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Updated: January 2012. Click on an image to see the FULL size with a caption.
Cho Oyu (8201m) is the sixth highest mountain in the world, located on the border of Tibet (China) and Nepal about 30 km to the west of Mount Everest. Cho Oyu is probably the easiest of the world's 14 8000m peaks, and is second to Everest for the most ascents. It is a technically straightforward climb with the best safety record for an 8000m mountain.
Despite its size, the British India Survey did not at first assign Cho Oyu a peak number. Cho Oyu means 'Turquoise Goddess' in Tibetan, the peak glowing turquoise when seen from Tibet at sunset. As goddess in Tibetan is chomo and turquoise is yu, the contraction of chomo yu becomes Cho Oyu.
Just west of Cho Oyo, near Advanced Base Camp, is the Nangpa La, a 5500m glacier pass that is a major trade route between the Nepalese Khumbu Sherpas and Tibet.
To the east of Cho Oyu is little known Gyachung Kang (7952m), the fifteenth highest mountain in the world, or, to put it another way, the highest non-8000m mountain in the world. Gyachung Kang was first climbed on April 10, 1964 by Japanese climbers Yukihiko Kato, Kiyoto Sakaizawa and Pasang Phutar Sherpa. The first ascent of the North Face of Gyachung Kang was done in pure alpine style with Slovenians Tomaz Jakofcic and Peter Meznar reaching the summit on October 31, 1999. Andrej Stremfelj, Marko Car, Marko Prezelj, and Matic Jost reached the summit on the next day.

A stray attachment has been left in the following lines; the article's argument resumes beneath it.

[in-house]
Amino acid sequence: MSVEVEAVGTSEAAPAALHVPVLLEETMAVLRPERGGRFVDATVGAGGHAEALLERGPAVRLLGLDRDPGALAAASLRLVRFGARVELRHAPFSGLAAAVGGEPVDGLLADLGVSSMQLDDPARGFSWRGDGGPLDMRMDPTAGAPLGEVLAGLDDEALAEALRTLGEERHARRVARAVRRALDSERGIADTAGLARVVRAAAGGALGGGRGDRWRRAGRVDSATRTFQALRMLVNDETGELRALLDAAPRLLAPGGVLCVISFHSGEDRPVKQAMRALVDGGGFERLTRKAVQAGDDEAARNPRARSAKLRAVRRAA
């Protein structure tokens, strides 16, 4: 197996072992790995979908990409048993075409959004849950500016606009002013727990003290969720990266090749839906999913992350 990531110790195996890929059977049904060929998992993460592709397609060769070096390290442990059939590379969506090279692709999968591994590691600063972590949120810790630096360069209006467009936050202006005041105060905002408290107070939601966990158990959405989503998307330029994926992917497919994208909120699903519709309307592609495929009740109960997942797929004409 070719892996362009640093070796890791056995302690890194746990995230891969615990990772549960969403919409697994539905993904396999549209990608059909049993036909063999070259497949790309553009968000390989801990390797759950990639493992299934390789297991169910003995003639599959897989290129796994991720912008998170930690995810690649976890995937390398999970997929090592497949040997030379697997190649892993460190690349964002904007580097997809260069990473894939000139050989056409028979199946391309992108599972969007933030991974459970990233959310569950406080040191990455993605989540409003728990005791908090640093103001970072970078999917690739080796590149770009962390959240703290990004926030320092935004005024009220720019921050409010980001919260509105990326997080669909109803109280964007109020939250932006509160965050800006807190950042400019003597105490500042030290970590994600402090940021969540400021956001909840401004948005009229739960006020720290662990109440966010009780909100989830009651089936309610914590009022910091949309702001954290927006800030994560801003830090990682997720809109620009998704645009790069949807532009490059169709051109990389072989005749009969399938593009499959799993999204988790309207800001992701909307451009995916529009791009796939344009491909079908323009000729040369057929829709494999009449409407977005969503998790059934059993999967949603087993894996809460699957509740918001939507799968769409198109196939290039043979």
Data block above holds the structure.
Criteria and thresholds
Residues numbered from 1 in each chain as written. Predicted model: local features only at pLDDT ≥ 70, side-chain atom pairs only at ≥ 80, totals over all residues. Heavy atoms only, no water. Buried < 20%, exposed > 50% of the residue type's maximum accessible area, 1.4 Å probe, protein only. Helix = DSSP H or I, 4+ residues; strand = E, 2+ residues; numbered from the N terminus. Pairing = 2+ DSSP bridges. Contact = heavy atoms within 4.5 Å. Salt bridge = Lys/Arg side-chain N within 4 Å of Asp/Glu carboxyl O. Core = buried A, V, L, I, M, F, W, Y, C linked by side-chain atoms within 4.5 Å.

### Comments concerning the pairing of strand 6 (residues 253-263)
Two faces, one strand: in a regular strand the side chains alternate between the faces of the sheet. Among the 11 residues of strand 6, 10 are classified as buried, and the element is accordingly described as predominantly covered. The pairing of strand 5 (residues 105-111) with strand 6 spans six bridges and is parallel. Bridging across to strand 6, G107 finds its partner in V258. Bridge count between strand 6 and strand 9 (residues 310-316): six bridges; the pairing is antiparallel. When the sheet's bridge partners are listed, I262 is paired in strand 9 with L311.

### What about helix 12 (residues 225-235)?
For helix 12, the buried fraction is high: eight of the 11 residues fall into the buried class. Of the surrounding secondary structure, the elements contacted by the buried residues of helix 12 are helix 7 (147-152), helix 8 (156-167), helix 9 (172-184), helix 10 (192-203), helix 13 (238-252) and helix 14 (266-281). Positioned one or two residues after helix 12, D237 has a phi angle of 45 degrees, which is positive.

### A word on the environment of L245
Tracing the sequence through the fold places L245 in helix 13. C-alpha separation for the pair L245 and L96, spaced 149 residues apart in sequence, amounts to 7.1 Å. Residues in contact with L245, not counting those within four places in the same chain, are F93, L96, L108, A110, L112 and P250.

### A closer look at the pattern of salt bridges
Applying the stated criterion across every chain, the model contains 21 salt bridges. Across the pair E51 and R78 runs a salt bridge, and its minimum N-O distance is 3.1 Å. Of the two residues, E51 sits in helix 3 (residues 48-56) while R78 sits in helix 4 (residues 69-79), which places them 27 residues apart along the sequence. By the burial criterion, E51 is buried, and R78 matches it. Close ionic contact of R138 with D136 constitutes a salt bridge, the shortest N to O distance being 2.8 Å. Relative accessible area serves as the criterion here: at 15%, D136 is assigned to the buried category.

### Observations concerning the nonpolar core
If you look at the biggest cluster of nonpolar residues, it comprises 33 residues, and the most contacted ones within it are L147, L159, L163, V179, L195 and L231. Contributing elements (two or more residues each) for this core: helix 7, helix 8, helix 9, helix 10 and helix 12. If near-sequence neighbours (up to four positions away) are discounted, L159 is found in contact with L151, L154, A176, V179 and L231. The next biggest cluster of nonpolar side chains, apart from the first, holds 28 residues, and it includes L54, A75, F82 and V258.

In contrast to the huge expedition style sieges of the time, in 1954 a small Austrian Expedition attempted Cho Oyu via the northwest ridge with only three climbers and seven Sherpas. Their first attempt failed in fierce hurricane force winds. They regrouped, with Sherpa Pasang Dawa Lama having to descend to Namche to get more supplies. In just three days he went from Namche to the summit on October 19, 1954, a remarkable achievement. With him on the summit were Herbert Tichy and Sepp Joechler.
"Pasang embraced me. The tears that ran down his cheeks were blown away into eternity as crystals of ice. ... Sepp and I had tears in our eyes too, and felt no shame. We hugged and kissed each other. How glad I was all three of us were there. All three walked arm in arm to the highest point."
The first ascent of the difficult and dangerous southeast face of Cho Oyu was done in 1978 by Austrians Eduard Koblmuller and Alois Furtner.
The first ascent of Cho Oyu in winter was completed on February 12, 1985 by Maciej Berbeka and Maciej Pawlikowski by a new route, the hard south ridge. Three days later Zygmunt Heinrich and Jerzy Kukuczka climbed along the same route.
The first ascent of the North Face of Cho Oyu was made by Slovenians, with Iztok Tomazin reaching the Cho Oyu summit on November 2, 1988. He descended on the normal route, the first crossing of Cho Oyu. Viki Groselj and Joze Rozman reached the Cho Oyu summit on November 5, Rado Nadvesnik and Marko Prezelj on November 8, and Blaz Jereb and the leader of the expedition, Roman Robas, on November 9.